The Durhams

A biography written by Tony Juliano, Second Tenor

In 1964, in a suburb of Philadelphia called Upper Darby, five high school students decided they'd set the world on fire with their singing. They formed an acappella group, and focused on a type of rhythm & blues music, later referred to as "doo-wop". They were white boys,but they wanted to sound as black as possible. They called themselves The Durhams.

The original line-up was: Walt Taylor (lead singer), Jimmy Salzmann (bass), Joey Guardiello (first tenor), Tony Juliano (second tenor), Lou Ferri (baritone). Some-times, they rehearsed at Jimmy's house. After dark, they sang in the stairwell of the Gimbels department store parking lot. The natural "reverb" was pretty cool there. But their favorite practice spot was the Boys Room at Upper Darby High School. The tile walls made it sound like an echo chamber. The sound was both sweet and loud. Before long,
all the kids at school knew about The Durhams.

Soon, the boys were accepted by Relic Records - to be included in their album series called "The Best Of Acappella". One rainy night, the group piled into Tony's '52 Ford, and travelled to Hackensack, New Jersey. Relic Records was run from a record store called The Relic Rack. The proprietor, Wayne Stierle, produced the recordings after hours. Only one microphone was used, with a primitive reel-to-reel mono tape recorder. To get a proper vocal balance, they experimented with who should stand at what distance from the mic, until the test playback sounded right. In one session, with only one take each, 17 songs were recorded. Included was a tune the guys wrote in the car, driving up, called "Seconds Of Soul". It was chosen as the "B" side for their single of "Sincerely" - a fast version of The McGuire Sisters' hit ballad. For a brief while, the #9 spot on the all-time Acappella Chart was held by this 45rpm record by The Durhams.

The Durhams

THE DURHAMS
This photo was shot on the front porch of the Julianos' house. It appeared on the cover of The Best Of Acappella,
Volume 3 (see Discography page). Pictured are: Walt Taylor - lead vocalist (behind), and from the left,
Jimmy Salzmann - bass, Lou Ferri - baritone, Tony Juliano - second tenor, and Phil Corey - first tenor.
PHOTO BY EDEE JULIANO  (Tony's mom)

Three more tracks from that memorable recording session ended up on The Best Of Acappella Volume 3: "Maureen" , "This Is My Love (Sweeter Than)", and "Don't Say We're Through" (another original Durhams composition). Volume 4 included one more Durhams track called: "I Remember". So, that one trip to Hackensack ended up in 6 released songs. It should be noted that the original line-up were the five vocalists on all the Relic recordings. Shortly after the session, Art Wolfe became the new baritone. Phil Corey became the new first tenor, and he is pictured and wrongly credited on the Volume 3 album jacket. But, to set the record straight, Joey Guardiello sang first tenor & Lou Ferri sang baritone on all the recordings by The Durhams.

With this notable accomplishment in their pockets, the group had the moxie to approach the legendary Philadelphia disc jockey, Jerry Blavat. He was famous for bringing the sound of rhythm & blues to the white kids. To say the least, Jerry Blavat dug The Durhams. Throughout the balance of the  group's career, he featured them often: on his radio show; at his live record hop dances at famous places like "Chez Vous" (a roller rink), and "Wagner's Ballroom"; and eventually on his TV show, Jerry Blavat's "Discophonic Scene" (Jerry's version of American Bandstand, carried on Philly's CBS-affiliate, WCAU & syndicated nationally). This was the circuit, from 1964 to 1966, performed by The Durhams.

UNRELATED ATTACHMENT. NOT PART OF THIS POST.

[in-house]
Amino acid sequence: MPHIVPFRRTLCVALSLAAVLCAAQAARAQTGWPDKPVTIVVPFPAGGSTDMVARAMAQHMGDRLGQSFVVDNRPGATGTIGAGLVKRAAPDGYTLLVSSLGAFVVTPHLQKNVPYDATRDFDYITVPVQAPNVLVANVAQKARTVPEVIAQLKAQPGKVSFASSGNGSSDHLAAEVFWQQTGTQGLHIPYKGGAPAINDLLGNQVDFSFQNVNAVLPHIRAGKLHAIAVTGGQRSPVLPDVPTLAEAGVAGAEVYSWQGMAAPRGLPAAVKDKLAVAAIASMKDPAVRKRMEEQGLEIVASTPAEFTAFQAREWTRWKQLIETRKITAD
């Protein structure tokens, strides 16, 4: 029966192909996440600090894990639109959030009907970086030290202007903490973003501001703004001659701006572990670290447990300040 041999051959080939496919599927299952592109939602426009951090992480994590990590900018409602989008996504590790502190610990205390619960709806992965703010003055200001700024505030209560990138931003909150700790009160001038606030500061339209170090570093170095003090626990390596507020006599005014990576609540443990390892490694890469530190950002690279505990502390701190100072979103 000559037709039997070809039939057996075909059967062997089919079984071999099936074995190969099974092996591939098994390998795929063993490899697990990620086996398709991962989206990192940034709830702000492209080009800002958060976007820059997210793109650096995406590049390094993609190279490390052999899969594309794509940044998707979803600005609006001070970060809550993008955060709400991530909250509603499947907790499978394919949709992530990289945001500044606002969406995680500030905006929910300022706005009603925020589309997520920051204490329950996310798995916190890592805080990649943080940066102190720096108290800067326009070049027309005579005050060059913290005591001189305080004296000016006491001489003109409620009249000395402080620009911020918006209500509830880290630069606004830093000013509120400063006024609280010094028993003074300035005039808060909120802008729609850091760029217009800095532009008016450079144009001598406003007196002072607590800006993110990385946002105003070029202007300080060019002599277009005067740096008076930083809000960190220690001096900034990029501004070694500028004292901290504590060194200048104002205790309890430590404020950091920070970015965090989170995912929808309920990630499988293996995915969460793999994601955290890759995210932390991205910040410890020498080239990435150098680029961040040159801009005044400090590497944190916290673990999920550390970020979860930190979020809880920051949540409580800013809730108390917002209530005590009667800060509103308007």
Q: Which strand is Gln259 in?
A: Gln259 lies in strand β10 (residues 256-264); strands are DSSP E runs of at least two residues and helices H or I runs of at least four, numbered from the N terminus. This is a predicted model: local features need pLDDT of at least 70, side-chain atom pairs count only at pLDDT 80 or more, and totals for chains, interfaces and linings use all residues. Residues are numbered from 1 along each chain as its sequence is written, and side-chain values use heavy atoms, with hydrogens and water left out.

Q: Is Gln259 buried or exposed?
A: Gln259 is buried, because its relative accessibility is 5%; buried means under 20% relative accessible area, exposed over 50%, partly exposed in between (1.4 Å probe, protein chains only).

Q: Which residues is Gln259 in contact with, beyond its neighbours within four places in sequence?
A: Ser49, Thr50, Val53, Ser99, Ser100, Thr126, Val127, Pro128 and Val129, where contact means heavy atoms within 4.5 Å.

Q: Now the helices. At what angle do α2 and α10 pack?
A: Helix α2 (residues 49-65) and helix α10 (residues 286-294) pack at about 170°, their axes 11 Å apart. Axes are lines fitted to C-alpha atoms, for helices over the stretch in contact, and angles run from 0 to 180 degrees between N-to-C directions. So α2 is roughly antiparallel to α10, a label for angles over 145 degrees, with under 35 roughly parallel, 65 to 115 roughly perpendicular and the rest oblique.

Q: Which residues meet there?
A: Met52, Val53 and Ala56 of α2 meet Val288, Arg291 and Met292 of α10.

Jimmy was drafted. The quartet made one more single recording, but this time with a band. They had rehearsed for months at a West Philadelphia photography studio. There, they were coached by a local black singer named Harold Jenkins, in an effort to perfect their black sound. The result was a 45rpm single, on "Ray-Sel" Records, released in 1967. It featured two original songs: "Girl Of The Night" (written by Phil Corey & Arthur Wolfe) & "Philly Bound" (written by the group).The single enjoyed a very limited printing & distribution in the Philadelphia area. For this last recorded effort, the boys changed their name to "The Uptites". In fact, it was 80% The Durhams.

The Durhams existed for little more than two years, but they are fondly remem-bered within doo-wop and acappella music circles. Google and YouTube searches reveal a number of references to the group. Their now rare recordings can even be purchased online. The Durhams are featured in The Billboard Book Of "American Singing Groups", A History From 1940 To Today, and its subsequent updated revisions by Jay Warner. In this highly regarded publication, there are less than 20 acappella groups spotlighted - of the many thousands that existed in The USA. It's rather significant, that one of those vocal groups selected is The Durhams. 

In subsequent years, here's a brief rundown of how the guys went their separate ways. Walt Taylor, Phil Corey and Arthur Wolfe formed a jazz group called "New Process". Phil was an accomplished artist. He created dramatic fine art paintings. Walt was also drafted. He later sang lead for "Philly Gumbo", a great band, with a New Orleans kind of groove. Jimmy Salzmann founded another acappella group called "Time Was", which for a while included Walt. They recorded and released several CDs, and performed live throughout the Philadephia area. Tony Juliano became leader of RCA/Windsong recording artists, "Johnny's Dance Band" - voted Best Local Band by WMMR-FM's Listener Poll. His band released 3 albums and several singles, and performed at the biggest concert venues in the Philadelphia tri-state area. Such is the legacy of The Durhams.